If a router recieves a UDP packet followed by an ICMP packet both destined for an output interface, if that interface is "full" (ie: in the middle of clocking out a packet) then both packets are put into the output queue. The router isn't allowed to cease transmission of the current packet, abort it, then select the ICMP packet - that is what they are talking about when they say a router is allowed to DELAY processing of ICMP. But, once the current packet has been completely transmitted, the router is not permitted to put the UDP packet in front of the ICMP packet - it must select the ICMP packet next from the queue and transmit it - then the UDP packet follows. If the UDP packet has expired by then, then so be it - it's dropped.
But in the last analysis, all of this is academic. It is a fact that multiple people have complained about that Netgear model on these forums indescriminately dropping packets at higher packet rates. You can pull up the posts in the equipment forum if you care to do so. That indicates only one thing - the Netgear CPU is overloaded. When that happens the rules are thrown out the window and the router will not behave predictibly.
He should NOT be running this device at 100Mbt down, simple as that. He should be running the Cisco BWG. Unfortunately DHCP-PD is broken on that device. So his choice is to either run a Netgear that drops traffic at high data rates with working DHCP-PD - or run a Cisco BWG that works fine at high data rates (likely because it has a faster internal CPU) but has broken DHCP-PD. Or, to discard the rented equipment entirely and run his own router (most of the new wireless AC stuff has plenty fast CPUs for him) behind a bridged DOCSIS3 device, in which case he can get working DHCP-PD but he will give up the ability to have static IPv4.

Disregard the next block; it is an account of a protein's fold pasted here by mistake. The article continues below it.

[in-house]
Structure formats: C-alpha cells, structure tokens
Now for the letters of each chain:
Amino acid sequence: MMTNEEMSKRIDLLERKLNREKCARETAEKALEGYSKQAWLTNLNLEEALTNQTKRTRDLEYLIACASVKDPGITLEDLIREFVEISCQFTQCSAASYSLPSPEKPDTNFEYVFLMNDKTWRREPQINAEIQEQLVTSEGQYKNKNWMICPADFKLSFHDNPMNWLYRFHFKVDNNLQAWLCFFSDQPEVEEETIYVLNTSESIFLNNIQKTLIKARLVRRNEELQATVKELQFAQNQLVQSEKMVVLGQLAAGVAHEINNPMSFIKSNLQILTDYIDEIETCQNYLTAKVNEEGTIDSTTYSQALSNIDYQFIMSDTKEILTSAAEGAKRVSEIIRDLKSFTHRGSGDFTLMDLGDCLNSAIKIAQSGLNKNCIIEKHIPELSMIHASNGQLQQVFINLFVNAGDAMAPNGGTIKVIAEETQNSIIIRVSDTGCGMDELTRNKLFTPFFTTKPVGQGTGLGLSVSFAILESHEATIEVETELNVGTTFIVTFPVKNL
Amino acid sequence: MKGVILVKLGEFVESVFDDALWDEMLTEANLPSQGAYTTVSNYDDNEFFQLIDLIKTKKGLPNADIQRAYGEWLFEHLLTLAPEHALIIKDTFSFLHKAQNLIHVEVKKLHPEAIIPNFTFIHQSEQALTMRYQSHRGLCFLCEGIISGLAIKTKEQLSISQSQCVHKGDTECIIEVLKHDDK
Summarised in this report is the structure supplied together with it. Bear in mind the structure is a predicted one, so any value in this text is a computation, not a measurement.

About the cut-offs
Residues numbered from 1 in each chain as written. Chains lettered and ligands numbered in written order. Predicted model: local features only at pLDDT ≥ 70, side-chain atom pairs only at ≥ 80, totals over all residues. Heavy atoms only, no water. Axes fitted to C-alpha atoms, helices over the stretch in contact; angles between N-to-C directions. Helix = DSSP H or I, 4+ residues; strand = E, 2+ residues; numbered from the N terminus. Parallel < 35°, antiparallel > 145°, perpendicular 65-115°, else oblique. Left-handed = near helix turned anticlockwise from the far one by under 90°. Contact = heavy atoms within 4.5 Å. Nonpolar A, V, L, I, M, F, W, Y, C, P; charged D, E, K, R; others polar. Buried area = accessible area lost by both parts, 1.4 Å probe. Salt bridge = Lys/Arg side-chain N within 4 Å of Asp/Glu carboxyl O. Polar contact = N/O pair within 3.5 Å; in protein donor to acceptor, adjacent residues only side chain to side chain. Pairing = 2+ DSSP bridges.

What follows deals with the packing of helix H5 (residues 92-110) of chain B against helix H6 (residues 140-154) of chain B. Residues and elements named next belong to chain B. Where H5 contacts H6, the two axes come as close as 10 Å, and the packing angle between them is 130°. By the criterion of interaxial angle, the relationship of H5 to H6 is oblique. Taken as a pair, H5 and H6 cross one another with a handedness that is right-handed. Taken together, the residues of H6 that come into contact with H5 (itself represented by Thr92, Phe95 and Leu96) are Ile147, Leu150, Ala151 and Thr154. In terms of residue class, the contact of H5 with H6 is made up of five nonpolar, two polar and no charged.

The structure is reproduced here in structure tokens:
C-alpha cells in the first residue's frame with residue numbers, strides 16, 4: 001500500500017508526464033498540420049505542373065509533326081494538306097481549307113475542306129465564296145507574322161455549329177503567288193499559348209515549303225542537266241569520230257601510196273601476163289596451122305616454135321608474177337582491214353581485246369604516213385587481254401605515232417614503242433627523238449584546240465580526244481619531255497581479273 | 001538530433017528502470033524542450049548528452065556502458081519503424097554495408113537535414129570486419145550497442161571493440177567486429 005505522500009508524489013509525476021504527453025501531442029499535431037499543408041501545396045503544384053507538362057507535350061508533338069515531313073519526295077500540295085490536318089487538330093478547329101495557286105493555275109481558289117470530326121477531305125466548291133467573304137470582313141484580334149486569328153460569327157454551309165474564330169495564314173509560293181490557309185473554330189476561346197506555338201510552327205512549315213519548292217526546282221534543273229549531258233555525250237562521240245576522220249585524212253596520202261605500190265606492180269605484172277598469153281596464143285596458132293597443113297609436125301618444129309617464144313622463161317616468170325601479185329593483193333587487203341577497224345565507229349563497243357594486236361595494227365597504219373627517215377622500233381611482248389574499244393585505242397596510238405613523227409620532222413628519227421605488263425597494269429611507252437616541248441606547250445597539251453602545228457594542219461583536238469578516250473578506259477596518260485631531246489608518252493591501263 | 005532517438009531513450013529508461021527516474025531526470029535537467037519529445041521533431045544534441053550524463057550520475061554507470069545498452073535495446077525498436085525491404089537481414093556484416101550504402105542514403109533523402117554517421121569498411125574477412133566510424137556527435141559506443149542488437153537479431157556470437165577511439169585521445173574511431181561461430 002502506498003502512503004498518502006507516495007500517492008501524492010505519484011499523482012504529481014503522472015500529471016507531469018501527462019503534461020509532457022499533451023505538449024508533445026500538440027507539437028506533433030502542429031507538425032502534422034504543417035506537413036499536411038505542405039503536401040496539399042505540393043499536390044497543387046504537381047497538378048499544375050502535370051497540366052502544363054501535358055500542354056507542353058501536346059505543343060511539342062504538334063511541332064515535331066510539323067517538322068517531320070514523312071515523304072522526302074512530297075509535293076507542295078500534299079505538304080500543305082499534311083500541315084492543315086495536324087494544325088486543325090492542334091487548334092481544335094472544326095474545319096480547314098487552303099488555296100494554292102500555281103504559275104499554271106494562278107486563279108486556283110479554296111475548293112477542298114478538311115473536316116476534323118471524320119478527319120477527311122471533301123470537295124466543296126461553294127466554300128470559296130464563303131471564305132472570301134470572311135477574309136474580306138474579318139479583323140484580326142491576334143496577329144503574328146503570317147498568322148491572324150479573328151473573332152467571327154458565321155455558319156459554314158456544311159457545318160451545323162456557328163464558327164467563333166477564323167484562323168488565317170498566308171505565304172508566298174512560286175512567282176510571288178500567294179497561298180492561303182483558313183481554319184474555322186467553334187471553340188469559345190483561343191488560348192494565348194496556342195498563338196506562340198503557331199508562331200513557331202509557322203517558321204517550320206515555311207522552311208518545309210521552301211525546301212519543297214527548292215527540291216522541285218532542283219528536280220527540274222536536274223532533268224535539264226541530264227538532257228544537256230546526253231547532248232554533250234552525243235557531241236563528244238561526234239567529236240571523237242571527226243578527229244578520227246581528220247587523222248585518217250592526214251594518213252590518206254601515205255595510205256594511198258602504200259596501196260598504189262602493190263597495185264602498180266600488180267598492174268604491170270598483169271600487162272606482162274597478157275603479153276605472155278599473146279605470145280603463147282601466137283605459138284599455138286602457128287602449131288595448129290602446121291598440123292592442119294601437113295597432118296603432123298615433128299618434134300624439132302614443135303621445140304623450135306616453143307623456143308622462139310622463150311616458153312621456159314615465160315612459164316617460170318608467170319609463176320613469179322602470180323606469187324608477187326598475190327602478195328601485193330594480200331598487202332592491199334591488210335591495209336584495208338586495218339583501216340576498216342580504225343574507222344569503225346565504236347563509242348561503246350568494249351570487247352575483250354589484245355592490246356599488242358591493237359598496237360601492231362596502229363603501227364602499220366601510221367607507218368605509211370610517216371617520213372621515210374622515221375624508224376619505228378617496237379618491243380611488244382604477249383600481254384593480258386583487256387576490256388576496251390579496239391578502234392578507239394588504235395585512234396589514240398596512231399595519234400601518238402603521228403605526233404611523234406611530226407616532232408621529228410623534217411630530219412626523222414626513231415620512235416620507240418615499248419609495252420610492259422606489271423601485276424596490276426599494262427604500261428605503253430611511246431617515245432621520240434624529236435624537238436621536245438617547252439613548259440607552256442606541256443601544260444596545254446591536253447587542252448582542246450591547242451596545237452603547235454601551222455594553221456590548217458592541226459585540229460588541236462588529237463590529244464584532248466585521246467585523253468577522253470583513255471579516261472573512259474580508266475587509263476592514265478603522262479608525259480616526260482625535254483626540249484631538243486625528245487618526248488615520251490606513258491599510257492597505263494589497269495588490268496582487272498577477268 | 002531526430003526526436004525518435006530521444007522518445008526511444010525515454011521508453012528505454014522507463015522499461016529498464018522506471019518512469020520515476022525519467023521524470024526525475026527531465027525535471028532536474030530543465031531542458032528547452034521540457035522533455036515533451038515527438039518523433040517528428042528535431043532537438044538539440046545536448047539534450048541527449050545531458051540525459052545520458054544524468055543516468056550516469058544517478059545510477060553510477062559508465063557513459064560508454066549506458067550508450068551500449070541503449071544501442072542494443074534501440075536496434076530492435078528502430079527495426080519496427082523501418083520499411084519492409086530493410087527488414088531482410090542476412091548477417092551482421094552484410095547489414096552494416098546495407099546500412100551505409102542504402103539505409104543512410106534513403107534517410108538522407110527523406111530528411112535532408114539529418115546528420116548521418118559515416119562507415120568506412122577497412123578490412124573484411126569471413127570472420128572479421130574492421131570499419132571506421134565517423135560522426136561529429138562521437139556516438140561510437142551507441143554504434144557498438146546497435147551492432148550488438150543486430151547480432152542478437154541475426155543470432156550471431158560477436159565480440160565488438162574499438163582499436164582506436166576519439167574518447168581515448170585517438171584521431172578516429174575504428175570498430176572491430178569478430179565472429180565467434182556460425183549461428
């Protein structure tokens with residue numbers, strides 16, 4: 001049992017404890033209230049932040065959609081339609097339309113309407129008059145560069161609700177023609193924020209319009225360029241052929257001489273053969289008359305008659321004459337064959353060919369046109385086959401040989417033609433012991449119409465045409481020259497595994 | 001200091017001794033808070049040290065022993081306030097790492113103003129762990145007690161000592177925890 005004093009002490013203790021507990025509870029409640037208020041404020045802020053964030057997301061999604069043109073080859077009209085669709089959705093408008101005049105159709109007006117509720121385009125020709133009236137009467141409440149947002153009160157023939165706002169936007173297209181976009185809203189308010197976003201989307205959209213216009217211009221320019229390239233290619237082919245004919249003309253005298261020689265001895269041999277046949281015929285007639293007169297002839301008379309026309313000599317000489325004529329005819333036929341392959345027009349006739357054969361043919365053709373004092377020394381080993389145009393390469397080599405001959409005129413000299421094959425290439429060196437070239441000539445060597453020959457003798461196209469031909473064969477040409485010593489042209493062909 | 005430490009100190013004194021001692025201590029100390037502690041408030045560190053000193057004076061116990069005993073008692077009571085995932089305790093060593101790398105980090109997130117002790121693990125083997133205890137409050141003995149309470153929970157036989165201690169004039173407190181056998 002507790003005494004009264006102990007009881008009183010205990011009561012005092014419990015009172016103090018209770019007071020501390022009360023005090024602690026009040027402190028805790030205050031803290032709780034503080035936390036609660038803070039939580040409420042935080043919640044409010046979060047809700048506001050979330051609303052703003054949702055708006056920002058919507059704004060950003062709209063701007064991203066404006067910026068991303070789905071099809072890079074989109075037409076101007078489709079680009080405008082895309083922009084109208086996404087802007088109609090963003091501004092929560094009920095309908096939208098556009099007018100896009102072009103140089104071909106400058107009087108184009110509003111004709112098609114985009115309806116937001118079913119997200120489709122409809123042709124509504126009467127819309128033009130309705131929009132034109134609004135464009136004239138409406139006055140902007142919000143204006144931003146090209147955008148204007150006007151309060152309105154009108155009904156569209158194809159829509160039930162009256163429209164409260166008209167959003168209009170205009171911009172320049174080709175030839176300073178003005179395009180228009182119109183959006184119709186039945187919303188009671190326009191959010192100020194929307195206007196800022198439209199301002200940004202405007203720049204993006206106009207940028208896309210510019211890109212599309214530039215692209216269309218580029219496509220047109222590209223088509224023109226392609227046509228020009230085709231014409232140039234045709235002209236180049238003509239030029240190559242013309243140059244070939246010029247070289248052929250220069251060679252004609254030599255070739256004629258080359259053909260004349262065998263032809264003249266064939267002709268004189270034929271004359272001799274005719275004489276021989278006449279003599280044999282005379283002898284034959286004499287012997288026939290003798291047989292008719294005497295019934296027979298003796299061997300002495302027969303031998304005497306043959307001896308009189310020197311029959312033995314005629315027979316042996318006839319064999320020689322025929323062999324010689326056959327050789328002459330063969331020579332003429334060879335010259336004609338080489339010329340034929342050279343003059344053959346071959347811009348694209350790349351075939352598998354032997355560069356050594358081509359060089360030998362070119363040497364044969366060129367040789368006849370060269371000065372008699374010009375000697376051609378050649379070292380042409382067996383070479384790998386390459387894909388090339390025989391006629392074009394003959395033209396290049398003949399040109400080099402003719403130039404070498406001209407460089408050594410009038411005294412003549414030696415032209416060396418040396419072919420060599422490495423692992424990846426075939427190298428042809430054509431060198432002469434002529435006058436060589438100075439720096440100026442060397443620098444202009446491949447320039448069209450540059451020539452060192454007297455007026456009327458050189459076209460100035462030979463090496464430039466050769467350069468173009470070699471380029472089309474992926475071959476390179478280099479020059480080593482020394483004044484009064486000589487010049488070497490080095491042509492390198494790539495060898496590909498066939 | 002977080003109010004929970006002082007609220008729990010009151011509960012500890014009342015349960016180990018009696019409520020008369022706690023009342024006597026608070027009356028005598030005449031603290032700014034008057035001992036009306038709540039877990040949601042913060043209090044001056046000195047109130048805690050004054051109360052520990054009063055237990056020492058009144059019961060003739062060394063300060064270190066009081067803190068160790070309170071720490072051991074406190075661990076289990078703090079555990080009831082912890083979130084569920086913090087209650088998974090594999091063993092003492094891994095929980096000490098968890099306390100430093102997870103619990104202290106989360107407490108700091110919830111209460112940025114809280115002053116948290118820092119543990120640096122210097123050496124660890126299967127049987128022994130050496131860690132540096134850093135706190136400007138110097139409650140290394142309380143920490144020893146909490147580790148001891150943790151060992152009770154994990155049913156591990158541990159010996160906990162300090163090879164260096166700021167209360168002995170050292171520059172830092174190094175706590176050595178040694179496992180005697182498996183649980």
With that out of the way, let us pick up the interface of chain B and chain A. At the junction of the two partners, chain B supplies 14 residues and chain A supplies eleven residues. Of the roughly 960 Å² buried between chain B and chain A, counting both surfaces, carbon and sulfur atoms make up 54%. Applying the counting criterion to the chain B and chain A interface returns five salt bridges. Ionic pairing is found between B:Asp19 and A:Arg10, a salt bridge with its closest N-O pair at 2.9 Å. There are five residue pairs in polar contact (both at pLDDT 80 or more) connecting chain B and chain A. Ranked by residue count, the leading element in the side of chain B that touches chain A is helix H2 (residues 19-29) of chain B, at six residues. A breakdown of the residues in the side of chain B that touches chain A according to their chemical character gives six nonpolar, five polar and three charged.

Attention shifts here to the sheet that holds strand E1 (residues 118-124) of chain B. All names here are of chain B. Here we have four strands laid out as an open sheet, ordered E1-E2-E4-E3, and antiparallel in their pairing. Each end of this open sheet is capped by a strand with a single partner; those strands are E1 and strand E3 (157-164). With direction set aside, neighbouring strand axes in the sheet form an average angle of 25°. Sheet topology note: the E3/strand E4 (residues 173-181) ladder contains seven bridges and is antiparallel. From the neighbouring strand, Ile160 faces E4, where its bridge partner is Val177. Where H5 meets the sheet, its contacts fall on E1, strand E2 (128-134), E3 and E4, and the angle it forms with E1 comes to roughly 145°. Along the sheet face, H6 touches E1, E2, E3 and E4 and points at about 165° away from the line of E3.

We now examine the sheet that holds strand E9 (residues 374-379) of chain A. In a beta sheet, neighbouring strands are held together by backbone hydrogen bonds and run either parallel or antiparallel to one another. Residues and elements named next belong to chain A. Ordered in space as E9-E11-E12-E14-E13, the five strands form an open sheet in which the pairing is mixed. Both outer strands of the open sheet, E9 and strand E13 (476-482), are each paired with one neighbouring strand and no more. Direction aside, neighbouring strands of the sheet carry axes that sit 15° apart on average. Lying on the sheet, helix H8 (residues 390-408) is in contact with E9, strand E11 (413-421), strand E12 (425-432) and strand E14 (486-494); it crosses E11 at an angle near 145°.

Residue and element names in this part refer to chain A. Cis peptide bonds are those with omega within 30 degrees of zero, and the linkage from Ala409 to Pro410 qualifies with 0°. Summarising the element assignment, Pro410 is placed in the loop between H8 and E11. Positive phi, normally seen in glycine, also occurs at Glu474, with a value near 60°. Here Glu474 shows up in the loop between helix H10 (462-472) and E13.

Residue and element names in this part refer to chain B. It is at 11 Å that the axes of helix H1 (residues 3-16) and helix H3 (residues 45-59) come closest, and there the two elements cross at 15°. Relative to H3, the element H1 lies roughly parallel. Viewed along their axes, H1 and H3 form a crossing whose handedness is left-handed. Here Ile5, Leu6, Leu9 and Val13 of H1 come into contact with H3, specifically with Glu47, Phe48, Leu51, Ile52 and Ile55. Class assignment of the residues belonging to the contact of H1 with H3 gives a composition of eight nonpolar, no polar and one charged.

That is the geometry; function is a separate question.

I am through with defending Comcast here. The problems in the 3 devices - the SMC, the Cisco, the Netgear - and IPv6 have been well known for years. We even had promises a few years ago to get the Cisco DHCP-PD fixed - but that never happened - we also had the same promises to get DHCP-PD fixed on the SMC - that also never happened - only the code in the Netgear for DHCP-PD got fixed. I can dig up those posts and promises in the archives as well as you can. And on top of all of this the SMC reboots itself every 6 hours if IPv6 is enabled on it.
I would like Comcast to get the Cisco BWG's firmware fixed. Cisco would do it if Comcast pressed the issue. Comcast buys hundreds of thousands of these devices from Cisco, the BWG contract is worth millions to Cisco - if Comcast told Cisco to jump on this issue Cisco would say "how high" The reality is Comcast doesn't give a tinker's dam about IPv6.